Margaret Blair Young was raised in the Church and learned the standard Mormon clichés and customary phrases of a Mormon testimony. As a child, she could imitate the strokes and expressions of Mormonism well, in time she came to understand these were expressions of an immature, inexperienced faith. Time propelled her further into the faith. In time she began to be immersed in more controversial areas of LDS history: race issues and the priesthood restriction, keeping those of African lineage from receiving the priesthood or temple blessings for over a century. She wrote three books and made two documentaries on these subjects with Darius Gray, a black man who joined the Church in 1964, fourteen years before the restriction was lifted.
Margaret Blair Young is the past president of the Association for Mormon Letters and has published eight books—novels and short stories. Three of these were co-authored with Darius Gray and give the history of Black Latter-day Saints. She and Gray also made the documentary Nobody Knows: The Untold Story of Black Mormons. She has written six encyclopedia articles and other scholarly papers on Blacks in the western USA, and particularly on Black Mormons. She used to teach creative writing at BYU but now travels the world in her off time.
Questions addressed during the interview:
You just got back from Africa. Where were you and what were you doing there?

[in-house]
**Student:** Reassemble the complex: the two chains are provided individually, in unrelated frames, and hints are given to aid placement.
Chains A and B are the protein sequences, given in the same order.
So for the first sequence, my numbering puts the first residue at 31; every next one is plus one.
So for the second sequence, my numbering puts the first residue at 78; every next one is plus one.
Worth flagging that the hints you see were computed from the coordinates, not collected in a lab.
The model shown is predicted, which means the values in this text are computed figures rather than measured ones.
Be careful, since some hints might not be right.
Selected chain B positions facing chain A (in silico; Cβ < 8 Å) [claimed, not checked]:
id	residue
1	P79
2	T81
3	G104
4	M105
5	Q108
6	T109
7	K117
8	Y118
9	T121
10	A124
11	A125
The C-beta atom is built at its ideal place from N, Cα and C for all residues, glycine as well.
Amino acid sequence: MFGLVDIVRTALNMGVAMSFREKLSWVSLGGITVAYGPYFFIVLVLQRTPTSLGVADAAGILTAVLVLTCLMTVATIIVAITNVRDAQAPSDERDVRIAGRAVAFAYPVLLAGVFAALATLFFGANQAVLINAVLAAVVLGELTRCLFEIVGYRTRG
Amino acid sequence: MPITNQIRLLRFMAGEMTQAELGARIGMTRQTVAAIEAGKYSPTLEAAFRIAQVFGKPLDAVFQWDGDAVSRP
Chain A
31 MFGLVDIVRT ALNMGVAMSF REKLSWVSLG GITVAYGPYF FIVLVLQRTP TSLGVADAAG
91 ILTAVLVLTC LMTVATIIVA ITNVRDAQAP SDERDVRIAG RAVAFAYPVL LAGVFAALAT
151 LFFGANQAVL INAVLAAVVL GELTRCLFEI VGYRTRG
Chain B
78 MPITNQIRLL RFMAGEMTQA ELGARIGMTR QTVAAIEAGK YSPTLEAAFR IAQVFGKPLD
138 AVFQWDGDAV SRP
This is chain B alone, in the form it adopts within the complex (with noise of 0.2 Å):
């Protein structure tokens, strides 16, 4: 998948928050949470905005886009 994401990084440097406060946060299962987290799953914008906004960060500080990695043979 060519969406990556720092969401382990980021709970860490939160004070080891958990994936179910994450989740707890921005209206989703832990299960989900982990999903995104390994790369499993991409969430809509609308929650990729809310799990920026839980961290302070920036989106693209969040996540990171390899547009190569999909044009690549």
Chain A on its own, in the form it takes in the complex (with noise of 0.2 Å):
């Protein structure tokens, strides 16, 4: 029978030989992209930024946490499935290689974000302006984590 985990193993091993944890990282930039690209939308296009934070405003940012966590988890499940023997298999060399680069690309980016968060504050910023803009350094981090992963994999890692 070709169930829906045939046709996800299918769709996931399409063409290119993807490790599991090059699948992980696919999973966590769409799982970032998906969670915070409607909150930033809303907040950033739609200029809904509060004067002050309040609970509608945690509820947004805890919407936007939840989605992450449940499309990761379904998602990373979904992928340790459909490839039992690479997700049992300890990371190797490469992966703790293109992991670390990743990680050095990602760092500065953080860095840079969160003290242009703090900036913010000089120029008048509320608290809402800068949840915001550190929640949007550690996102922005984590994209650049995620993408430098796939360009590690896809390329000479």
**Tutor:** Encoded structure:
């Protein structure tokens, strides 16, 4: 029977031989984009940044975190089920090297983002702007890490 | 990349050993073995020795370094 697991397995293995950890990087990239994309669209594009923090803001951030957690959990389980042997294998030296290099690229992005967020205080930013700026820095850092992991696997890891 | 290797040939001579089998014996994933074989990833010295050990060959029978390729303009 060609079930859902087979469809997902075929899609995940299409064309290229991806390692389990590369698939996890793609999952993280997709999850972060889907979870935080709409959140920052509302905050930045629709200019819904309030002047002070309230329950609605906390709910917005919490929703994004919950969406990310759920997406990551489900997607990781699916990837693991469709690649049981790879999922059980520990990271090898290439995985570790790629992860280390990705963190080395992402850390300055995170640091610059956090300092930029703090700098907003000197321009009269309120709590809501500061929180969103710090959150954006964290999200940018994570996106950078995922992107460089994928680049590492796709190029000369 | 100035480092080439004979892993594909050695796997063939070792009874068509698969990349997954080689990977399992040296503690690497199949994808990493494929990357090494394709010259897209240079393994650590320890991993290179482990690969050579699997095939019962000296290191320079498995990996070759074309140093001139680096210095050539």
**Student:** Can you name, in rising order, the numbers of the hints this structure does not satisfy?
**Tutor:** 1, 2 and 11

How is the church doing in Africa? What is it like on a day to day basis?
What are some of the difficult questions or situations for which the African Saints are seeking answers or solutions?
There is an article on your blog through patheos, The Welcome Table, the article is entitled Developing Spiritual Taste. In your world travels and in your film directing efforts on church related themes, you have no doubt encountered critics or at least statements that seem to be critical of at least perceptions of church doctrines and culture. You even address the motivation for the article, at least in part, by offering this brief anecdote: When I was in my late twenties, someone said to me, “You’re too smart to be a Mormon.” Clearly, I’m not. But the picture of Mormonism this person had in mind does not represent the kind of Mormonism I live.” What is the kind of Mormonism that you live, the kind that you layout in this article?
You talk about, in your Mormon Scholars Testify Page, a story where your husband once gave you a priesthood blessing during a particularly trying moment. He said these words: “I bless you that your memories will be sanctified as the larger picture unfolds, and you will view all of the difficulties and trials you’re enduring now with gratitude and love.”This is the blessing of perspective. It illuminates not only my personal history, but the hard historical episodes of my religion. What has that blessing meant in your research into as you put it, the more controversial parts of Mormon History?
Margaret Blair Young is the author of several titles as well as director and producer of several documentaries on the history of Black members of the Church of Jesus Christ of Latter-day Saints.